To link the FontAwesome stylesheet paste in the head the following code:
<link href="" rel="stylesheet">.

Go to Google Fonts and add the Open Sans and Roboto fonts. Add this code in the head:
<link href=',400,400italic,600,700|Roboto:400,700,400italic' rel='stylesheet' type='text/css'>

Step 2 – Basic CSS Rules

We can finally start our custom CSS and establish some site rules:

  • headings and buttons are using the Roboto font
  • text content uses the Open Sans Light font with a size of 16px and a color of #808080 and the line height of 24pt
  • The site’s color is #2980b9 and is used for the links, primary buttons and headings
  • To break the monotony, some sections have a very light blue color: #f1f5f8
  • The elements border color is #c7cad1
  • The spacing and padding between the elements are based on the baseline grid:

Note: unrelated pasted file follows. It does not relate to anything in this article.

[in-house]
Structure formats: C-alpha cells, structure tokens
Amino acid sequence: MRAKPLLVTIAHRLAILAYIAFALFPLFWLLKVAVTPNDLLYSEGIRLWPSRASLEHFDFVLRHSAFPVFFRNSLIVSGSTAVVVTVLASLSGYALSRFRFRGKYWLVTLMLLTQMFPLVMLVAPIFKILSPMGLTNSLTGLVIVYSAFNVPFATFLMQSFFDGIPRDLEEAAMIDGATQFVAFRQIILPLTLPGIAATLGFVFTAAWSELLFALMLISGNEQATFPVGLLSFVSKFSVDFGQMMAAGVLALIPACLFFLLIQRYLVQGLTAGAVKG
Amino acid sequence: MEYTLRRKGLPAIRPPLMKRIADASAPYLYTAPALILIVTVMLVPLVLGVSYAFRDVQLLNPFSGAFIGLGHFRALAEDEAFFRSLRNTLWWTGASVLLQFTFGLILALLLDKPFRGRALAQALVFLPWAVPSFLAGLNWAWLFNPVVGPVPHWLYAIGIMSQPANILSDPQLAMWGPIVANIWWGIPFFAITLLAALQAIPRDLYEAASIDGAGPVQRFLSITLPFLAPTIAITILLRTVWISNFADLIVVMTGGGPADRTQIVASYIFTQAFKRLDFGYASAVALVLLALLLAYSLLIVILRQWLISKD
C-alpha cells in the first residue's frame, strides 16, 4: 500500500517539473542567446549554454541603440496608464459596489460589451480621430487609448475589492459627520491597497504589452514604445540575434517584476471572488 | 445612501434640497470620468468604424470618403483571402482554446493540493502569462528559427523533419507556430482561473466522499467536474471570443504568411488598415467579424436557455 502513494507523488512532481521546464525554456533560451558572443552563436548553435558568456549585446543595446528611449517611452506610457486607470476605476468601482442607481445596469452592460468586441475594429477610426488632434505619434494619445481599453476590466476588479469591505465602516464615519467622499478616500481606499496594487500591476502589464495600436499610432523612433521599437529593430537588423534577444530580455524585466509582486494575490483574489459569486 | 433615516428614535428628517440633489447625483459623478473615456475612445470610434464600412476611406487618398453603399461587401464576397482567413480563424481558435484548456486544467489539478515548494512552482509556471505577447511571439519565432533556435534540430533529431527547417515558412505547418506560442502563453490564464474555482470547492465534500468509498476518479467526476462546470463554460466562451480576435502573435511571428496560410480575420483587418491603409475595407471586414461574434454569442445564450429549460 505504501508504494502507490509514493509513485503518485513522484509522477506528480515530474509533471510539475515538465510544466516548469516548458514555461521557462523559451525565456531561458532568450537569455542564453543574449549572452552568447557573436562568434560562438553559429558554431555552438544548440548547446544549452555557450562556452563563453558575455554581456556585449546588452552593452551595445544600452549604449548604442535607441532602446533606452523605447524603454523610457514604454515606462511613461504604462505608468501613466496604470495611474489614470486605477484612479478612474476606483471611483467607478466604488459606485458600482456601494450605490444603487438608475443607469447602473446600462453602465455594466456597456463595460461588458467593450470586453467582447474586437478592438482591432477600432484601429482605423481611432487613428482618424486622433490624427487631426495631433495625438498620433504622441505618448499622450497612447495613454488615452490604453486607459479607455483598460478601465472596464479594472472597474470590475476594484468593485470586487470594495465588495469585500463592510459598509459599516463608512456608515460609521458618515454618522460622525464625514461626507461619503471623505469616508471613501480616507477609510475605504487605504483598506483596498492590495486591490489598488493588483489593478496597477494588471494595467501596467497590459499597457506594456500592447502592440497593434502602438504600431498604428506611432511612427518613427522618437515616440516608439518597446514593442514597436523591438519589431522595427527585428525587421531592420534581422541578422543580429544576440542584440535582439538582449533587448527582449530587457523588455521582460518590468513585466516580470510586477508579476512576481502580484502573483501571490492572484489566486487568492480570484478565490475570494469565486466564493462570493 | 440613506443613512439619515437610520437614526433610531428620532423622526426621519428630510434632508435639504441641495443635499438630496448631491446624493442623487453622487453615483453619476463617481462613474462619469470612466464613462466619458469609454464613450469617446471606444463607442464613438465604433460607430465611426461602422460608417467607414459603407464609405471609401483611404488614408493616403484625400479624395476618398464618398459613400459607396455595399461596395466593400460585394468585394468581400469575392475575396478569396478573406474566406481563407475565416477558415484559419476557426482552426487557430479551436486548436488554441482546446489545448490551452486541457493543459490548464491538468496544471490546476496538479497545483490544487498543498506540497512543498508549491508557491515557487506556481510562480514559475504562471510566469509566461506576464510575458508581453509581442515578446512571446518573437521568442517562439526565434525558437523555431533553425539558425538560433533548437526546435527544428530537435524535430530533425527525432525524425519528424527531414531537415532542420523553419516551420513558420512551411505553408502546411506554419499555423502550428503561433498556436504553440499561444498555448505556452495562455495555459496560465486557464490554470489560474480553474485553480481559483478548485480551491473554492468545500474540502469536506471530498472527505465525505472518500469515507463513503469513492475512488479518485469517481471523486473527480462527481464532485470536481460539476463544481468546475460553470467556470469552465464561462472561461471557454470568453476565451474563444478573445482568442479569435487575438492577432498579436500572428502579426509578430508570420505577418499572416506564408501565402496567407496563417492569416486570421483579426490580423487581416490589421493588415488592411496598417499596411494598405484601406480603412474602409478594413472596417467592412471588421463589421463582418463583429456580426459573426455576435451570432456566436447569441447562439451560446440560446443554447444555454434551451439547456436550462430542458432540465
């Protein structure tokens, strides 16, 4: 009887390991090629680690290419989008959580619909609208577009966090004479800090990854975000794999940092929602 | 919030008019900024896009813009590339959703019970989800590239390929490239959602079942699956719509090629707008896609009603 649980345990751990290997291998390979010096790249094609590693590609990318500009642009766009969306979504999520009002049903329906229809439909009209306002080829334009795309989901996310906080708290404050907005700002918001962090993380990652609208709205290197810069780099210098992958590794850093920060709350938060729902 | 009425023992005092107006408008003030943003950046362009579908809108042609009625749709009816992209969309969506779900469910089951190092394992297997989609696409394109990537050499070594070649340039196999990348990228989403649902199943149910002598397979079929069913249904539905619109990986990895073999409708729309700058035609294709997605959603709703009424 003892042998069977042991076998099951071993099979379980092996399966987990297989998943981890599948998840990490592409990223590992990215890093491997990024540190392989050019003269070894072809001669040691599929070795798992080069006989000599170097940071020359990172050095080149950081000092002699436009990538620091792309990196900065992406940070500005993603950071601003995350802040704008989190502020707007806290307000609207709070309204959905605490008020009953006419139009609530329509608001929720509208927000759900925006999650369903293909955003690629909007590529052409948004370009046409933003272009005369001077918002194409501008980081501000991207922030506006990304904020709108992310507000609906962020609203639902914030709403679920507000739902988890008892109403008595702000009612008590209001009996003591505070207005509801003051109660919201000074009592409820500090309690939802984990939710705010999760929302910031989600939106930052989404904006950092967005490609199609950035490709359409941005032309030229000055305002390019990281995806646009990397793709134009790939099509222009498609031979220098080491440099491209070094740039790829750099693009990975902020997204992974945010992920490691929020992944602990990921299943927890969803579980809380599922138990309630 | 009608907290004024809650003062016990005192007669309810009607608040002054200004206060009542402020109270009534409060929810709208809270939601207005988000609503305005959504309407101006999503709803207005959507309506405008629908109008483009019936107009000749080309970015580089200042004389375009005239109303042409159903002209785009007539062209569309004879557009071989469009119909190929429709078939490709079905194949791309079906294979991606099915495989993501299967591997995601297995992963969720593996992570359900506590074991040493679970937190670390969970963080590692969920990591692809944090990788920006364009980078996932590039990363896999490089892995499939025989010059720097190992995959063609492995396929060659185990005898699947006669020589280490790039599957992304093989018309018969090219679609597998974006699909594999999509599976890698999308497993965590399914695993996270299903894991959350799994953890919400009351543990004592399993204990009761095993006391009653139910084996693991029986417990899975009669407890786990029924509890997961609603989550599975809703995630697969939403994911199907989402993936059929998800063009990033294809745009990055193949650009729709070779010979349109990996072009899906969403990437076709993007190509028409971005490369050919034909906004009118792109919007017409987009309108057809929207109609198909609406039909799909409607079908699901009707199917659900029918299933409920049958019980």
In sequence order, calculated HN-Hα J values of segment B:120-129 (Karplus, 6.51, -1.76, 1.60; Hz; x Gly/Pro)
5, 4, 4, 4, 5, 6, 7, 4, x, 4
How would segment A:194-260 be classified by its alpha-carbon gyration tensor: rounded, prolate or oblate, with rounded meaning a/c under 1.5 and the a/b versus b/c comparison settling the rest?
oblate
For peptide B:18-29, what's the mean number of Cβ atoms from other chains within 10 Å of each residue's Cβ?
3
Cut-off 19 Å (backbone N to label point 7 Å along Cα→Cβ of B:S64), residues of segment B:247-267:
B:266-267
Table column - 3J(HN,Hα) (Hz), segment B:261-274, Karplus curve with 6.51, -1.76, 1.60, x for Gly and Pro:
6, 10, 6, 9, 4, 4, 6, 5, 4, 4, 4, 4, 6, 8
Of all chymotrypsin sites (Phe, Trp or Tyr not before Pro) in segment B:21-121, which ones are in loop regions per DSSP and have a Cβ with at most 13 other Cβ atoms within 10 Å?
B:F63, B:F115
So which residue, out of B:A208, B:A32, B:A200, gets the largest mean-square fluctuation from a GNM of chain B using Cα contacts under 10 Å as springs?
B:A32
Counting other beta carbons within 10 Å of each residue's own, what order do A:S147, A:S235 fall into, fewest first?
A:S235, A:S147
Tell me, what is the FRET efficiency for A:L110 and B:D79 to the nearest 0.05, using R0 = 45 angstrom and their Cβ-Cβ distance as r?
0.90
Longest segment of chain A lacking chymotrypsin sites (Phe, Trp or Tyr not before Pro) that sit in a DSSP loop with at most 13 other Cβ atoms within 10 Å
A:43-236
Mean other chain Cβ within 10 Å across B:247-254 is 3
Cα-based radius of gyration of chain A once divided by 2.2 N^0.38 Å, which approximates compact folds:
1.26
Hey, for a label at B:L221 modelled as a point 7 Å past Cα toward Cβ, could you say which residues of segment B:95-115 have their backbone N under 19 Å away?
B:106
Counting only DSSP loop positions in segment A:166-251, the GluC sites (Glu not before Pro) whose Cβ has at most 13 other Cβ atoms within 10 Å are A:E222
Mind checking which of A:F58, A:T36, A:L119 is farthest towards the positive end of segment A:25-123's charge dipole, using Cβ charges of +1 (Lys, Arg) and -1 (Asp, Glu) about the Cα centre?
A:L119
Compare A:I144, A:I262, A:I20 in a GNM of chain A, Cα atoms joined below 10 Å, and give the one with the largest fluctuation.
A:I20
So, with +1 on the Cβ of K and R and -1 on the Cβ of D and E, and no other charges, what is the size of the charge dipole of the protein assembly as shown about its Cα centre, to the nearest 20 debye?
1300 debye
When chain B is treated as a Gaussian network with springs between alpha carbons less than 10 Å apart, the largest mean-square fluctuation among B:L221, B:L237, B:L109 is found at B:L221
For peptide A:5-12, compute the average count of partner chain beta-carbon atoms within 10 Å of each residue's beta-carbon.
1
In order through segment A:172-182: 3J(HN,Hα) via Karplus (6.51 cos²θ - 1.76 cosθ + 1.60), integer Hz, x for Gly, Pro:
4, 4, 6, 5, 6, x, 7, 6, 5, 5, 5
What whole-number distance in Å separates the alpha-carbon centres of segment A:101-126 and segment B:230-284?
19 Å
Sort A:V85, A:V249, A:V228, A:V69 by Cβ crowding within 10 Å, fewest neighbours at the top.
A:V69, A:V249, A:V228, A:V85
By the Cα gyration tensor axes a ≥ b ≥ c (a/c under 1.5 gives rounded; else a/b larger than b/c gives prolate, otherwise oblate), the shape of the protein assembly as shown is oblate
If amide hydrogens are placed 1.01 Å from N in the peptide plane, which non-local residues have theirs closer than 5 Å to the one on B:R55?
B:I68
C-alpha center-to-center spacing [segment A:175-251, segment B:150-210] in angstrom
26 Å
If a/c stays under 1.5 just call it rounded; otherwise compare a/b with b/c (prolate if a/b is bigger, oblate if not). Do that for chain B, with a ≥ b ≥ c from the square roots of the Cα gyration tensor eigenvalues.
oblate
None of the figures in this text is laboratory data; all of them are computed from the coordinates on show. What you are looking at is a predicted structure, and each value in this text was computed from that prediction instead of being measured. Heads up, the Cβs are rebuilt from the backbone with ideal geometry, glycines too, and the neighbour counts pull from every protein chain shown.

half a baseline (12px), 1 baseline (24px), 2 baseline (48px).

One of the reasons I use a CSS pre – processor is the ability to set up variables for colors, fonts, margins and general rules and then to easily use them in our style sheet without having to remember hex values for colors, font-families or margins. Basically, you have to create the rules once and then use them everywhere. Variables also come in handy if you want to change site’s color or create a template variation: you can go to variables, change the color, fonts, etc and the settings will propagate immediately since we are using the variable name, not the value.

Another advantage of using a pre-processor is that our code will be faster to write and it will look better. For example, instead of writing:

you can write the code like this:

Create a file named variables.less. We’ll define the colors, basic font rules and a small less mixin. Since we have LESS variables, we can easily use them in our style sheet to increase our speed and productivity. I picked the color values, fonts, margins directly from our PSD document.